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China's anti-virus efforts pilot model in building community

BEIJING
2020-03-11 11:31

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The night of March 7 was quite special for Iraq's Baghdad International Airport. Soon after an Iraqi Airways flight landed, seven men in red and white, each carrying a black backpack, stepped off the plane and were warmly welcomed by local health officials.

These special passengers, it turned out, were a group of Chinese health experts who will stay in Iraq for a month to help the country fight against COVID-19. They have also brought with them enormous medical equipment and a red banner with the words "Help each other. Stay together."

"We really appreciate the support of the government and the people of China at this very specific time," Iraqi Deputy Health Minister Jasim al-Falahi said at the airport.

The battle against COVID-19 has arrived at a critical stage. World Health Organization (WHO) Director-General Tedros Adhanom Ghebreyesus said Monday as the virus has got a foothold in so many countries, the threat of a pandemic has become "very real."

Amid a hike in global caseload, China, which has made remarkable progress in its anti-virus fight, is also working closely with the international community. Its endeavor, widely recognized by the world, has set an example of how to build a community with a shared future for mankind.

MAKING FRONTLINE FORTRESS

Ever since the disease broke out in China's central city of Wuhan, the whole country has been waging a united battle against the virus under the leadership of Chinese President Xi Jinping.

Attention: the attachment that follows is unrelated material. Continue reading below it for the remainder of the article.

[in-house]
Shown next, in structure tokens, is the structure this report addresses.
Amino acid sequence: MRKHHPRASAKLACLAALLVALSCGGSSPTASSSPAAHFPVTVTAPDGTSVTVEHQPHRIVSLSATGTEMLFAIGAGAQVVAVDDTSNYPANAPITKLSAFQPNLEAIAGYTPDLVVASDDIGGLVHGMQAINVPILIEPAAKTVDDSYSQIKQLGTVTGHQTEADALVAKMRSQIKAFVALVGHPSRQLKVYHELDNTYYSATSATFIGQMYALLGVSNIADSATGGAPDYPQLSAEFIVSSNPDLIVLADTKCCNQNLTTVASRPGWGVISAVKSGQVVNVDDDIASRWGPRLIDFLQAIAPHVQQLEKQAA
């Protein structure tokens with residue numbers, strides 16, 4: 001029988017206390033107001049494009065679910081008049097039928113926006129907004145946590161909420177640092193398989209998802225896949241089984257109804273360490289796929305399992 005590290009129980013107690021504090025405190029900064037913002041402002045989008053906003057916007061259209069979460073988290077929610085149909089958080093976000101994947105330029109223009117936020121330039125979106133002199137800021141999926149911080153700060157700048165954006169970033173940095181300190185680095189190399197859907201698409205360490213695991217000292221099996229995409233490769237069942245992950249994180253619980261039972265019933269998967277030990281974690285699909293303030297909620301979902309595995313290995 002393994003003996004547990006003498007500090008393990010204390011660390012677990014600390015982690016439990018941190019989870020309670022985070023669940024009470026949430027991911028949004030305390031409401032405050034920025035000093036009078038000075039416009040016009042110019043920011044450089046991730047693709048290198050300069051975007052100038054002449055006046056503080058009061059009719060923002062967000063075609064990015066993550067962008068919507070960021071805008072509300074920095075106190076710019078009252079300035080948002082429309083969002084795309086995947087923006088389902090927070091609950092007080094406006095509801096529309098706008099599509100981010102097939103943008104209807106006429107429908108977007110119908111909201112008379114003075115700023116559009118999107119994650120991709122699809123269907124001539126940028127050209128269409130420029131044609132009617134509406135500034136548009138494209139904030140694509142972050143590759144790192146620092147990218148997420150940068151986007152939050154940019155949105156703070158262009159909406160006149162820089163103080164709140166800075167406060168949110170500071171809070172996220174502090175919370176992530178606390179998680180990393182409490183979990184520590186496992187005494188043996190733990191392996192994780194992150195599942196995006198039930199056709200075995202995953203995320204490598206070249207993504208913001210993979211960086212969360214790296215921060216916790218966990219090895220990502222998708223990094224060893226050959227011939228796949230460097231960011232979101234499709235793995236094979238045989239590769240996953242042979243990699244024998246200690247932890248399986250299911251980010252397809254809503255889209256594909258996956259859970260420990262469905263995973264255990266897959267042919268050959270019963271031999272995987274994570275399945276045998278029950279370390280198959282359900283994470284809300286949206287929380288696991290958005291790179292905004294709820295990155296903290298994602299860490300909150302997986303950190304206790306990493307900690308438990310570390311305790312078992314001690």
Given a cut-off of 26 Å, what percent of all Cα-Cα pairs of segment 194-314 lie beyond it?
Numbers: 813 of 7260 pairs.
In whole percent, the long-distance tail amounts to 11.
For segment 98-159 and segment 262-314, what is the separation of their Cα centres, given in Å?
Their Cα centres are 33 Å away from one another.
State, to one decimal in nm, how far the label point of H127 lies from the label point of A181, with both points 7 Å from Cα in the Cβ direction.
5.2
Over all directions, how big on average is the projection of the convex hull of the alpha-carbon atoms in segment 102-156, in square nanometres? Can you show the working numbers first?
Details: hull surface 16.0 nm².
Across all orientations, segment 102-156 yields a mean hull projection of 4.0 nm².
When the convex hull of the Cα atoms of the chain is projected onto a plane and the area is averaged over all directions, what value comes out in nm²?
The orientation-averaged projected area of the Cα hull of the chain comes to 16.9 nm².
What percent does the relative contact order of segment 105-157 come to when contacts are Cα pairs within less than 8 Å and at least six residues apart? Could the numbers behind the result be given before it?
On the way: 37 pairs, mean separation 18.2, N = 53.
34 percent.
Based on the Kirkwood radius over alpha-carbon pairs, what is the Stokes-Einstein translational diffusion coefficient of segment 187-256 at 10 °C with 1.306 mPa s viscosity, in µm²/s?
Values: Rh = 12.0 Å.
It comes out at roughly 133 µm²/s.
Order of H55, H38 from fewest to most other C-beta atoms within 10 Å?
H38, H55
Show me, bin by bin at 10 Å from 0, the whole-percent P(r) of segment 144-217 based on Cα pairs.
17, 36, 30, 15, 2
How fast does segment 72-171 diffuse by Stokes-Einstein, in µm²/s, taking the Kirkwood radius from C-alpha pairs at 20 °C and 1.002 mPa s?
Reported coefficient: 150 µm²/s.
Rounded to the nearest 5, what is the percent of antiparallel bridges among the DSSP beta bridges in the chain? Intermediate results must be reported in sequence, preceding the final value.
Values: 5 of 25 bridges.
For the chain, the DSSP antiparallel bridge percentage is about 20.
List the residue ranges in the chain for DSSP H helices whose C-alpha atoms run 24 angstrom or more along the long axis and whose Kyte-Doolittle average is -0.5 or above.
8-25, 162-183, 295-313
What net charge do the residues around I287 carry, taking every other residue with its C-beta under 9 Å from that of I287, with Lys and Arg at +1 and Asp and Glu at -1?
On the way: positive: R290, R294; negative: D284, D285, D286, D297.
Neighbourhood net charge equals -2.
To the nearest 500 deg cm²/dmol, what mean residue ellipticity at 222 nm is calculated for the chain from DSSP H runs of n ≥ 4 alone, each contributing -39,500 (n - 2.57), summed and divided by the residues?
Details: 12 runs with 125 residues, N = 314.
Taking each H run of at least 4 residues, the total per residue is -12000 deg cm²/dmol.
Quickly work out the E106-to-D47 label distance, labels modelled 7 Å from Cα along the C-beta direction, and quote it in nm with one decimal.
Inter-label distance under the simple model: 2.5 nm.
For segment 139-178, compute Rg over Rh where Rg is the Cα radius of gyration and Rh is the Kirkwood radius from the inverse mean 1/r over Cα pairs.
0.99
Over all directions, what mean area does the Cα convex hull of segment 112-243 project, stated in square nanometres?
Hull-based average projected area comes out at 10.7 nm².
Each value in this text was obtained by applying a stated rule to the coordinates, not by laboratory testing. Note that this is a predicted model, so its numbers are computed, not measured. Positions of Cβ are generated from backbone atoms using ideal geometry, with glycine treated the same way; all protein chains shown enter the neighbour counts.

Some 41,600 medical personnel from across the country have been dispatched to Hubei province. Wuhan, the worst-hit city in Hubei, has been locked down and renovated and built 86 designated hospitals and 16 temporary hospitals with more than 60,000 beds.

Chinese scientists have been dedicated to advancing research, and some vaccines against the disease are expected to undergo clinical trials by mid-April or even earlier.

With all-out efforts, the number of new cases in China dropped to double-digit figures on Friday for the first time since Jan. 20.

The spread has been basically curbed, Xi said Tuesday during an inspection of the epidemic prevention and control work in Wuhan, while stressing the need to continue to take epidemic prevention and control as a task of paramount importance.

"China has rolled out perhaps the most ambitious, agile and aggressive disease containment effort in history," said a report released in late February by the China-WHO joint mission on COVID-19.

As the team leader of the mission, Bruce Aylward told The New York Times that he feels he has been to "the mountaintop" and seen "what's possible" after the nine-day field study trip to China.

"Every person you talked to has a sense that they're mobilized like in a war against the virus and they are organized," he said.

In Tedros' eyes, China's decisive measures have limited the spread of the virus both home and abroad, thus setting a new standard for outbreak response.

China's experience "holds three important lessons -- to talk to the public, to slow the transmission of the disease and to prepare health systems for a spike in demand," said the Economist magazine in a leading article.

As China has bought governments worldwide time to prepare, "they should use it," it said.

OPENNESS, TRANSPARENCY

In this anti-epidemic fight, China has always adhered to the vision of a community with a shared future for mankind and adopted an attitude of openness, transparency and responsibility, Xi said late February in a telephone conversation with his Chilean counterpart Sebastian Pinera.

Indeed, since the beginning of the outbreak, China has shared promptly with the world not only such critical information as the whole genome sequence of the virus, but also its diagnostic and therapeutic experience.

Besides, it has established close technical-level communication mechanisms with international organizations such as the WHO, the European Union (EU), the African Union (AU) and the ASEAN.